Road Test - Opel Vivaro
Can you spot the difference? "It's all in the name". Renault Trafic, Opel Vivaro and Nissan Primastar! They are the same vehicle - even made in the same factory, just sold under a different badge. However, the Nissan Primastar has been discontinued in South Africa and the Renault Trafic, which was discontinued and then re-launched, is now only available in a panel van. So if you, like Alwyn Moolman, are after the versatility, spaciousness and comfort of these vehicles, then the Opel Vivaro is the way to go.
Alwyn was injured in a diving accident as a 2nd year electronic engineering student. Thanks to a very open minded and supportive department at University of Pretoria and a supportive rehab team at the then HF Verwoerd Hospital, he switched to an IT degree and was able to continue studying. He earned an Escom bursary and then Cum Lauded his degree. He is now a director of E-Logics, a company that develops transportation systems to optimise performance. His job requires him to travel a lot, so his wheels have always been important to him.
He has worked his way through a number of accessible vehicles during the 19 years that he has been in a wheelchair. As a C5/6 quad he does not drive himself so he has had to figure out suitable passenger solutions. He wanted a vehicle that was practical and good value for money. One of his early cars was a Subaru Forester which required him to transfer into and out of the vehicle but that took too much time and effort with the number of transfers that he needed to do on a daily basis so he started his hunt for wheelchair accessible vehicles. The VW Microbus was one of his favourites, but after having three stolen in quick succession, he decided to try a different brand. In 2005 he bought a Peugeot Partner and lowered the floor so that he could wheel in with his wheelchair. This has been a great solution for him, but then his needs changed radically when his twins arrived and his family suddenly expanded out of the Partner. He needed to go bigger, quickly. That was when he bought his first Opel Vivaro.
One of his key factors was the internal height. Alwyn is exceptionally tall at 1.96m when standing. His height in his wheelchair is 1.33m. This limited his choice as the Caravell, Vito and H1 were too low. With an internal height of 1.34m he is just able to fit inside the Vivaro – even though his head sometimes touches the roof. When he sits on his Jay wheelchair cushion he can fit in the vehicle, but if he sits on his Roho - he is too tall! (Photo 8560) He also liked the fact that the Vivaro came standard with all the extras included in its price - driver and passenger airbags, two sliding doors, the double rear doors, a tow hitch, park assist with four sensors in the rear bumper, front and rear air-conditioning to name a few. When purchasing a VW Transporter each of these items is added separately, pushing the price up higher than the Vivaro, even though the starting price was similar.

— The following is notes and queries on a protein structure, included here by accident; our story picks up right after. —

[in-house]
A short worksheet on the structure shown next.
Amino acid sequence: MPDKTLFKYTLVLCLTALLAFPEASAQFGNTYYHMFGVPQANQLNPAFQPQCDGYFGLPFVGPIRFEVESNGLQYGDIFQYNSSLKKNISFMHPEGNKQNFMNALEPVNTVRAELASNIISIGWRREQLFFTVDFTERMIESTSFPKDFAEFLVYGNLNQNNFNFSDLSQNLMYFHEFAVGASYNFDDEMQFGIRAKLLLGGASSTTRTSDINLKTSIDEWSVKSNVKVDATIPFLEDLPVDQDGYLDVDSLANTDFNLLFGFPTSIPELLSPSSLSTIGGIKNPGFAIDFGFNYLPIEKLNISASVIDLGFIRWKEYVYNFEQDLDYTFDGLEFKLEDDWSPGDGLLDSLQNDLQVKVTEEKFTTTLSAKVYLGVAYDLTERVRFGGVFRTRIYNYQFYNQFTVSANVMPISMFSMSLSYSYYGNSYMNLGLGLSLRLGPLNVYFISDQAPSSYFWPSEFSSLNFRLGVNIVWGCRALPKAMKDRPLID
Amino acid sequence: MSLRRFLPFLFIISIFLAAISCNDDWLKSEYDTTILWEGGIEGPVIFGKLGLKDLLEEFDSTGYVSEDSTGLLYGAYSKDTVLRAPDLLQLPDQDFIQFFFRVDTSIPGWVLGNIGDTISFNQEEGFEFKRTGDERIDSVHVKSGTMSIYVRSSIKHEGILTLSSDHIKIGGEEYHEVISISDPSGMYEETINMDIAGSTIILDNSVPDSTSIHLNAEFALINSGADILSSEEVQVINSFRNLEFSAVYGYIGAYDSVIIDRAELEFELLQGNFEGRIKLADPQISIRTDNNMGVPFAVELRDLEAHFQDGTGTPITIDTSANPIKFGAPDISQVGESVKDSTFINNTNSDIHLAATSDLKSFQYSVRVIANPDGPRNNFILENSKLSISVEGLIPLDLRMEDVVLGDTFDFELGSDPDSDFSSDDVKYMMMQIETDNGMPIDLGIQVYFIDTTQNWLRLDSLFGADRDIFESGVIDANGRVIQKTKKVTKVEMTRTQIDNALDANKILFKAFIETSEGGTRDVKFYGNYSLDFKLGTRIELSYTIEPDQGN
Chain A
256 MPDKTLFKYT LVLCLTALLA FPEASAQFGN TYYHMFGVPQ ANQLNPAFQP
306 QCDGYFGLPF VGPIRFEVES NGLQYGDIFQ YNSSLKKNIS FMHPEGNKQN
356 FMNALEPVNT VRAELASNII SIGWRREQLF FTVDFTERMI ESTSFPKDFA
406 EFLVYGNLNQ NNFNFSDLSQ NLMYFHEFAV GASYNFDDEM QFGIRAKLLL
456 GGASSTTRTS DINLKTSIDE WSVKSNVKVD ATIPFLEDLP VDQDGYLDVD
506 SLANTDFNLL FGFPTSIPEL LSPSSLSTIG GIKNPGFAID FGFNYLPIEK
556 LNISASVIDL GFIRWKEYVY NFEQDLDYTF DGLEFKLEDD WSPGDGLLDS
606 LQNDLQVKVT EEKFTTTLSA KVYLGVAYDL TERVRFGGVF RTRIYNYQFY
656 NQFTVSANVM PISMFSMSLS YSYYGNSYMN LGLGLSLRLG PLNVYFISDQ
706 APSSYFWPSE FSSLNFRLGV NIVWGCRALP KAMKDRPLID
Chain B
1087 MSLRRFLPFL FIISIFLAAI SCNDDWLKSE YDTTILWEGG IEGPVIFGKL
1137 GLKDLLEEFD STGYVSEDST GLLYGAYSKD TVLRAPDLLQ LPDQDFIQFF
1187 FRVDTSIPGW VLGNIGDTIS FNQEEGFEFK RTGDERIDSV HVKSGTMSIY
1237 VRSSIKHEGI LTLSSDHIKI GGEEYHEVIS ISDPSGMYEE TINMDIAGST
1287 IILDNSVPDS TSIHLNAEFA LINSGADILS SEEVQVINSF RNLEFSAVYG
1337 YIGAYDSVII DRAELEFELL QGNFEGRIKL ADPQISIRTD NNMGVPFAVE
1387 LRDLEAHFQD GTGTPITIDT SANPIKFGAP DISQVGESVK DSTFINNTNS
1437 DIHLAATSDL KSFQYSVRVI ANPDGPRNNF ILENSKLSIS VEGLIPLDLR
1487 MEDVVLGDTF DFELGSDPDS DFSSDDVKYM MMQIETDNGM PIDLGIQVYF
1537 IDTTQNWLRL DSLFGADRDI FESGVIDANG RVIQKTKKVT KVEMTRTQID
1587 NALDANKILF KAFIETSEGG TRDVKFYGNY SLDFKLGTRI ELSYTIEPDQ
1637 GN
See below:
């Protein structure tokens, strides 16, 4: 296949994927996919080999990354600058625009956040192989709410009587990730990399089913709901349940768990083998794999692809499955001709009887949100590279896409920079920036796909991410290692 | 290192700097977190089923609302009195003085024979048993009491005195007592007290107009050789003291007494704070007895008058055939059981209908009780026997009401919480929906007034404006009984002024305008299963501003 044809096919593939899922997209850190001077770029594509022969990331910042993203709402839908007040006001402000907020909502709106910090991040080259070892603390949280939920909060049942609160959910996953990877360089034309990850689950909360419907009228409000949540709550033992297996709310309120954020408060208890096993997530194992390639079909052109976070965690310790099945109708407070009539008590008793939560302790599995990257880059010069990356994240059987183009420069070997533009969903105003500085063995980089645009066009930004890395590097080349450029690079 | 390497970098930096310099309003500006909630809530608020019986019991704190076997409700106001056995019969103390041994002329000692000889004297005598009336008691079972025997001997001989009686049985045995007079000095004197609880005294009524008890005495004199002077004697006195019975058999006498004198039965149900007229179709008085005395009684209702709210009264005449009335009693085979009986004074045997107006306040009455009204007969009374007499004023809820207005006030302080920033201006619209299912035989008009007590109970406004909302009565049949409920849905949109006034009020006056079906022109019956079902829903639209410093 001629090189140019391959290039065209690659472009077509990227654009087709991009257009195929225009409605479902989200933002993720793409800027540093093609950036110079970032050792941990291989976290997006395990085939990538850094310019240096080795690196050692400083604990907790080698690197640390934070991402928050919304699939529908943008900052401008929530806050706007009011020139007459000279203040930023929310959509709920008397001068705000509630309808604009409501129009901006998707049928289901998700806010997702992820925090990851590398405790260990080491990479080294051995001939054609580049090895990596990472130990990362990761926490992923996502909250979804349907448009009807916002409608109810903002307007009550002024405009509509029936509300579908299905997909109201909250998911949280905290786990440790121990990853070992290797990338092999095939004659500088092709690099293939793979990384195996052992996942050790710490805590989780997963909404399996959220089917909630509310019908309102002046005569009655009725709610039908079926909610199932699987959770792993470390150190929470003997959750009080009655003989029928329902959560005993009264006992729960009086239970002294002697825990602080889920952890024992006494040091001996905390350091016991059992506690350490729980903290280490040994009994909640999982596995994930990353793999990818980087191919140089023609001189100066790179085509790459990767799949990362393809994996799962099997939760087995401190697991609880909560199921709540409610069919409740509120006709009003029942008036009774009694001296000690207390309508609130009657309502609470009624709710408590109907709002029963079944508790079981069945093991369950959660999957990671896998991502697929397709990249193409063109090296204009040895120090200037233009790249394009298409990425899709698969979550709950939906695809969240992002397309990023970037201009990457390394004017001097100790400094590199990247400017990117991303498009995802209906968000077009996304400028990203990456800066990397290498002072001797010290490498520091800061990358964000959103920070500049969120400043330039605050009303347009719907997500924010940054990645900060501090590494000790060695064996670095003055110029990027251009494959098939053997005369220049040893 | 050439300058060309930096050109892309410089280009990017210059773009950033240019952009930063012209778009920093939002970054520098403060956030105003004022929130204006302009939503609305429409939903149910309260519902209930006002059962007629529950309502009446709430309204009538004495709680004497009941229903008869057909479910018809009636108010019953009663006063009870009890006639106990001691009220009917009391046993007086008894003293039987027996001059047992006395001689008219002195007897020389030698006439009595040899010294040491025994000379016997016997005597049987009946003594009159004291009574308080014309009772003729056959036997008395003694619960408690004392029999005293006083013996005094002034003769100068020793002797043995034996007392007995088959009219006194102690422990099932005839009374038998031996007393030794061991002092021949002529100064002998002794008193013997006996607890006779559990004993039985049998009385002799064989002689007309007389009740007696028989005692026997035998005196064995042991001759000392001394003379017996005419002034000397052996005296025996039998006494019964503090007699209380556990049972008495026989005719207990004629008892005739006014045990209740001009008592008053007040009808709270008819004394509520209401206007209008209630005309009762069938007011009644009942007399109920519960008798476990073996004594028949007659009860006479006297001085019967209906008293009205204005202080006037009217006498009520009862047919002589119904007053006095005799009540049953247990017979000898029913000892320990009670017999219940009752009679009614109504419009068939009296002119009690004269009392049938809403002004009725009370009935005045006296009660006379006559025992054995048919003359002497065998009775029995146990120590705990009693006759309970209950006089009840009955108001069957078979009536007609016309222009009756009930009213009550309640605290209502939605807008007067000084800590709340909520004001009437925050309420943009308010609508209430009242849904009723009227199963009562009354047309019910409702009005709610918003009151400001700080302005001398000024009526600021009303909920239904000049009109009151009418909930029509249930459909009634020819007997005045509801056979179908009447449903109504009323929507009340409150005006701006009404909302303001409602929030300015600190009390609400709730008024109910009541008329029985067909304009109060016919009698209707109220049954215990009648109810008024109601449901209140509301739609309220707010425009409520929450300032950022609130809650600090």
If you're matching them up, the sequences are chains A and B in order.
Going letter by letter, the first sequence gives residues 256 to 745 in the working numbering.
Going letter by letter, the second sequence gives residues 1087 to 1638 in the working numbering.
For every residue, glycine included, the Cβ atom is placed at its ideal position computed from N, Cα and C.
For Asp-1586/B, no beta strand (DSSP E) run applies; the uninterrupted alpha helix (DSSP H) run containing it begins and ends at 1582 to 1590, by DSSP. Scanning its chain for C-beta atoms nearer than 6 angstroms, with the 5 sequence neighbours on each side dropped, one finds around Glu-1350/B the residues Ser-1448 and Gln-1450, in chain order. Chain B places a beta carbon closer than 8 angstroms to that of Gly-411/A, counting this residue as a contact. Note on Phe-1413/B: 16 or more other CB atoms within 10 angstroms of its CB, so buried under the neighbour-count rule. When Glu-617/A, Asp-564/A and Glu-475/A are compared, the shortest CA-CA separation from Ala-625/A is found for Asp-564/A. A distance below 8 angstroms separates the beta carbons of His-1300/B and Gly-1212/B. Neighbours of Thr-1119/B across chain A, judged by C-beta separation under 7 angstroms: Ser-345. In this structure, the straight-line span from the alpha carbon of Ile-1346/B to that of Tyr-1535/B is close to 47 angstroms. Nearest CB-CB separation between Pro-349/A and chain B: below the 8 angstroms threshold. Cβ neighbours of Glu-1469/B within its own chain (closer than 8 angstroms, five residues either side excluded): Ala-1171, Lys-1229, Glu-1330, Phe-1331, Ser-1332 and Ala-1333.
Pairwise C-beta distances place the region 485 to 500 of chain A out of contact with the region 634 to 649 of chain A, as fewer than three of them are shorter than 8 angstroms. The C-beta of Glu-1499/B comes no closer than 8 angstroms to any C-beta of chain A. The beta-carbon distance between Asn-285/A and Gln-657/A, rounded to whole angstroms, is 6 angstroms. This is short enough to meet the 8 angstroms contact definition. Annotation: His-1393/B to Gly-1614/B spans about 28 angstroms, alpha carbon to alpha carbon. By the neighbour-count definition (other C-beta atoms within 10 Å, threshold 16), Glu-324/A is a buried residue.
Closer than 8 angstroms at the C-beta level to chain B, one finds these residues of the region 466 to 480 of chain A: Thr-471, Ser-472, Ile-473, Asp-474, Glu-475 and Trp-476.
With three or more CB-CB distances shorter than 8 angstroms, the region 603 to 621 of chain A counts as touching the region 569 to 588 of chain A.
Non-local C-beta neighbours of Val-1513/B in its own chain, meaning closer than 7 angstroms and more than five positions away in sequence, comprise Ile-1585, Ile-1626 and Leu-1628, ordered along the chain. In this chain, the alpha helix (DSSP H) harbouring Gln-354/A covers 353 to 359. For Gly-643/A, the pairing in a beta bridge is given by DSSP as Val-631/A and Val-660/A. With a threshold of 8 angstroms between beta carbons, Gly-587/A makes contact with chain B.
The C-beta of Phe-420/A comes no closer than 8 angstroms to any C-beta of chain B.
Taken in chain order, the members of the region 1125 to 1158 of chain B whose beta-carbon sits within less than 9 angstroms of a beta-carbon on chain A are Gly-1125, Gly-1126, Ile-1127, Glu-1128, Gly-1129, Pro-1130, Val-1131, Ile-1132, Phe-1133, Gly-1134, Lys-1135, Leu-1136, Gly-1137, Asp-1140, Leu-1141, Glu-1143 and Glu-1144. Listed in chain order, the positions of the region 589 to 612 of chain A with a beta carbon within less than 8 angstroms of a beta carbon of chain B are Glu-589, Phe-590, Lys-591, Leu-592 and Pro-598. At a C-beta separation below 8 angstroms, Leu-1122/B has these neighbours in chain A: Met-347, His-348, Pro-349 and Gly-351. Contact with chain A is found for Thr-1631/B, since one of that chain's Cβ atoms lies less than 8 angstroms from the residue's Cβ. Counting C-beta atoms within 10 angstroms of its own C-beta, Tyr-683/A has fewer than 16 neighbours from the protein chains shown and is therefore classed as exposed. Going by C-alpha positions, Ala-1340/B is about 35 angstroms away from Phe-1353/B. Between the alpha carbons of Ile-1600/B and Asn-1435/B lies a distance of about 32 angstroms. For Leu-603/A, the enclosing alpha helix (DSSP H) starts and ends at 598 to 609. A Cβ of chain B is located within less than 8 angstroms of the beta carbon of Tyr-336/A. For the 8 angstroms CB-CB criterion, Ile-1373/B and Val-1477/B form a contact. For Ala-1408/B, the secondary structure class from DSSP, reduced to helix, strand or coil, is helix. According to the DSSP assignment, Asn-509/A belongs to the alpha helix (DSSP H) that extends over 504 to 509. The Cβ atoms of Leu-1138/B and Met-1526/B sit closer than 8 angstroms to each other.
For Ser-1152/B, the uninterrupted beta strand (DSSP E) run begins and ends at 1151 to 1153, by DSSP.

Alwyn is now onto his 2nd Vivaro, the 1.9 CDTi Bus. The turbo diesel is remarkably fuel efficient for the size of the vehicle, and Alwyn gets about 14km/litre on the open road (7.1 l/100km), while still having plenty of power for a performance ride, producing 74 Kw of power and 240 Nm of torque. It has a manual gearbox with six gears. Unfortunately, it is not available in automatic which means it is not an option for anyone wanting to drive from their wheelchair. The floor design also does not lend itself to this as it has a step up under the driver and passenger seats. This also prevents Alwyn from being able to sit up front as a passenger.
The CDTi bus usually has three rows of seats, making it a comfortable nine seater.Alwyn has removed the first row of seats behind the driver to create space for his wheelchair. He prefers facing sideways which he finds the most comfortable way of sitting for short distances, and it puts him in easy reach of his twins who have their car seats on the third row of seats. He has quick access through the side doors, and having a sliding door on each side of the vehicle provides added versatility enabling him to get in and out on either side. (Photo 8533) The seating configuration can be modified without tools with both rows of benches easily removable. The back row of seats can be folded forward creating enough space at the back of the vehicle for the wheelchair to be transported if necessary.
The Vivaro driver's comfort has also been well taken care of with adjustable driver's seat, power assisted steering, tilt able steering, radio controls on the steering wheel and cleverly integrated cup holder in the dash. It has innovative storage options including extra-large door pockets and a drawer under the passenger's seat. It has driver and passenger airbags and comes standard with an Anti-Lock Braking System (ABS).
Alwyn has chosen to keep the adaptations to his van to a minimum. He has filled in the step at the sliding door to provide flat access into the vehicle and he uses telescopic ramps for access. He enjoys the simplicity and versatility of these as he frequently uses them at a destination that is not accessible. They get folded away and stored under the rear seats. The floor height from the ground is 0.52m and the ramp length is 1.5 m. This provides a fairly formidable ramp gradient of approx. 1:3, but with the power of his wheelchair and a skilled helper/driver this arrangement works for him. (Photo 8525). Not having a lift in the vehicle leaves the full amount of internal space - which they frequently manage to fill up when going on a family holiday!
The Vivaro comes with a 5 years / 120 000 km Warranty and Roadside Assistance and 5 years / 90 000 km Service Plan, with a starting price on the 1.9CDTI bus from R345 900 and the panel van at R256 000. Being a fully imported vehicle it qualifies for the disability rebate.